It’s hard to see how that changes without a major shakeup.

Report: Paul Pierce probably wants to come back and play for Clippers, but still thinking it over

PaulPierce
1 Comment

The Los Angeles Clippers still have Paul Pierce under contract. Not many minutes for him, but he has a roster spot.

Pierce probably wants come back but is thinking it all over, according to Brad Turner of the Los Angeles Times.

Pierce has been debating this with himself for a while now.

Pierce saw a dramatic drop off in production and how much he was used last season by Rivers. Pierce averaged a career-low 6.1 points per game on an also career low 48.9 true shooting percentage. His PER of 8.2 was also a career low. You get the idea. By the end of the season Pierce was mostly an afterthought for Doc Rivers (although he did start one game after Blake Griffin was out and the Clippers’ playoff dreams were toast).

Pierce would be more mentor than a key player on the court, but he would be on probably the third best team in the West, a team that capable of making a deep playoff run. Does he want to do that for one more season? You know Doc would welcome him.

Andrea Bargnani signing in Spain

NEW YORK, NY - DECEMBER 14:  Andrea Bargnani #9 of the Brooklyn Nets takes a shot as Andrew Nicholson #44 of the Orlando Magic defends at Barclays Center on December 14, 2015 in the Brooklyn borough of  New York City.NOTE TO USER: User expressly acknowledges and agrees that, by downloading and or using this photograph, User is consenting to the terms and conditions of the Getty Images License Agreement.  (Photo by Elsa/Getty Images)
Elsa/Getty Images
5 Comments

Andrea Bargnani said he would’ve played “for free” to prove himself with the Nets last season.

That would have been about the right price.

Bargnani suffered through a miserable season — full of injury, poor individual play and losing. Brooklyn eventually bought him out.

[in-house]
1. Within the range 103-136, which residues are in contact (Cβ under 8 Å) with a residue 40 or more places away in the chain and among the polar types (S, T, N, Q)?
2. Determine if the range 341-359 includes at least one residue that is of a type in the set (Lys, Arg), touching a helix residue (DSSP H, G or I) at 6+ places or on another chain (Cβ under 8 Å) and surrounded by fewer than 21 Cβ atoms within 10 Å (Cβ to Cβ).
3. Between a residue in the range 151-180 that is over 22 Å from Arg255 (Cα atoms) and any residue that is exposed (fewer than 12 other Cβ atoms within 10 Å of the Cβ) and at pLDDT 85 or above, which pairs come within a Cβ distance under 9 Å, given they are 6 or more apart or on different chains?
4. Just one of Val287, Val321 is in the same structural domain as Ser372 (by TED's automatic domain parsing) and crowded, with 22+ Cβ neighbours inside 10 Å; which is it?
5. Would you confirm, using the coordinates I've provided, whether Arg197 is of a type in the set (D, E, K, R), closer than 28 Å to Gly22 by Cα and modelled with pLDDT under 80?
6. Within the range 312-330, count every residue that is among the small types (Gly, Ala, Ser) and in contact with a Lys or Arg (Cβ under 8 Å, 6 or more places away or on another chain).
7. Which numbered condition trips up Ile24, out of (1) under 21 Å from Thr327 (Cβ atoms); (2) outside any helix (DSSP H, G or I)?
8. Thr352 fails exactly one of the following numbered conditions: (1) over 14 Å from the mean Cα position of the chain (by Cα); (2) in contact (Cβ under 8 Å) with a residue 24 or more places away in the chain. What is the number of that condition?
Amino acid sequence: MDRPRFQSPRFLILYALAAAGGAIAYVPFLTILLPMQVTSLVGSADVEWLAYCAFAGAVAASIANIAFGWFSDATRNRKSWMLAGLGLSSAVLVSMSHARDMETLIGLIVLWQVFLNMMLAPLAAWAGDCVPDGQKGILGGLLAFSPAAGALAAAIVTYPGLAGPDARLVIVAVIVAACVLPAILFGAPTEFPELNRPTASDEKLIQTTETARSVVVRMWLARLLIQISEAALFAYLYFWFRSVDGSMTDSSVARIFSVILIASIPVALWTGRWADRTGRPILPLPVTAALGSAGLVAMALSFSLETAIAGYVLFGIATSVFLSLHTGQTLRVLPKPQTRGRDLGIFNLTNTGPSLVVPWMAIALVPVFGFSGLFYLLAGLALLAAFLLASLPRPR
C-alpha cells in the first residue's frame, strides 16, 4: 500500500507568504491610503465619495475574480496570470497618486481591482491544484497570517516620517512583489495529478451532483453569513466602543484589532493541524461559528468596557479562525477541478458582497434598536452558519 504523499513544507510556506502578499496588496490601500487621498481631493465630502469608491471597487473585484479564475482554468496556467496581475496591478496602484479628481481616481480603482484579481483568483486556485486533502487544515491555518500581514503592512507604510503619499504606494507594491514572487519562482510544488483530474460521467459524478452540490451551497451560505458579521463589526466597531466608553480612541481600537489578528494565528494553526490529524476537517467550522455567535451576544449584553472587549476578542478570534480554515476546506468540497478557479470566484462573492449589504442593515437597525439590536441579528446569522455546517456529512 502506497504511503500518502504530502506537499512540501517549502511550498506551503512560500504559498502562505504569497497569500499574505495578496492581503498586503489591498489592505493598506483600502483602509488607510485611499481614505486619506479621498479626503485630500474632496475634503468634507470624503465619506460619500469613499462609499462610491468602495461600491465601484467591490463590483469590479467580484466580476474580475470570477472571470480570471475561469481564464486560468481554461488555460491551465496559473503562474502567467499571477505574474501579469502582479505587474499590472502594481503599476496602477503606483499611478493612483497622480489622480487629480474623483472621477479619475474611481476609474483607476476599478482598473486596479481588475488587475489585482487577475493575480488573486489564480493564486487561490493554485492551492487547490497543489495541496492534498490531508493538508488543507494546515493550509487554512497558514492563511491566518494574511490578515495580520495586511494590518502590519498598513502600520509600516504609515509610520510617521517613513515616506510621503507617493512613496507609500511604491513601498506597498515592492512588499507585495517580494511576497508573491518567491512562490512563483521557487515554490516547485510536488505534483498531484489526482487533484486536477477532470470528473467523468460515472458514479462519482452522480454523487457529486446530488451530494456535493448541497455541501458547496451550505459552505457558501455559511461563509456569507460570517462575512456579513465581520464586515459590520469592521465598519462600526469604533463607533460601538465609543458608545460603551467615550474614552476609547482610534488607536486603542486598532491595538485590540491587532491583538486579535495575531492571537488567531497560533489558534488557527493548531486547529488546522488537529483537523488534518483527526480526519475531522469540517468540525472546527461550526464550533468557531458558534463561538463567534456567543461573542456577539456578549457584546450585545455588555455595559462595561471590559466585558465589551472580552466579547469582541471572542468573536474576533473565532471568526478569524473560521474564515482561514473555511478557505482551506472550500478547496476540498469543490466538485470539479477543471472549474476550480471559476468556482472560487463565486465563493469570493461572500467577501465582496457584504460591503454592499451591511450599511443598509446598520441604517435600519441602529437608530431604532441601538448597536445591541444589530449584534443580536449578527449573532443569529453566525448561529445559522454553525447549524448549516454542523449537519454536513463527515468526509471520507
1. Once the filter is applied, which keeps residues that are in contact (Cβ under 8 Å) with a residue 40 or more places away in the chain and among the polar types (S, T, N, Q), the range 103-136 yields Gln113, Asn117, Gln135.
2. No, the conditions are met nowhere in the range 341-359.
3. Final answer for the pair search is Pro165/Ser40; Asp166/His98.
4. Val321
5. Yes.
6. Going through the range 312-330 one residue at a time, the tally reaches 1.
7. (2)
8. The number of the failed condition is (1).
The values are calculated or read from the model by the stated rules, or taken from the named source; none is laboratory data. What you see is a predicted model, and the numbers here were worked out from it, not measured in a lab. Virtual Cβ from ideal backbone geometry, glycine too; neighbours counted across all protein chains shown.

Now, the entire NBA might be finished with the former No. 1 pick.

Bargnani signed with Spanish team Saski Baskonia.

At age 30, he faces a long road back to world’s top league — if he even wants to try. Bargnani is a one-dimensional jump shooter, and he doesn’t even shoot that well.

It was ridiculous for the Knicks to trade a first-rounder for him, and that was three years ago already. Bargnani is only further from his peak now.

Maybe he carves out a niche in Europe, where his lack of physicality is less likely to be exposed. But Bargnani is no longer an NBA player.

Pat Riley: Dion Waiters ‘is not a room-exception player’

OKLAHOMA CITY, OK - MAY 12: Dion Waiters #3 of the Oklahoma City Thunder reacts after hitting a basket against the San Antonio Spurs  during the first half of Game Six of the Western Conference Semifinals during the 2016 NBA Playoffs at the Chesapeake Energy Arena on May 12, 2016 in Oklahoma City, Oklahoma.   NOTE TO USER: User expressly acknowledges and agrees that, by downloading and or using this photograph, User is consenting to the terms and conditions of the Getty Images License Agreement. (Photo by J Pat Carter/Getty Images)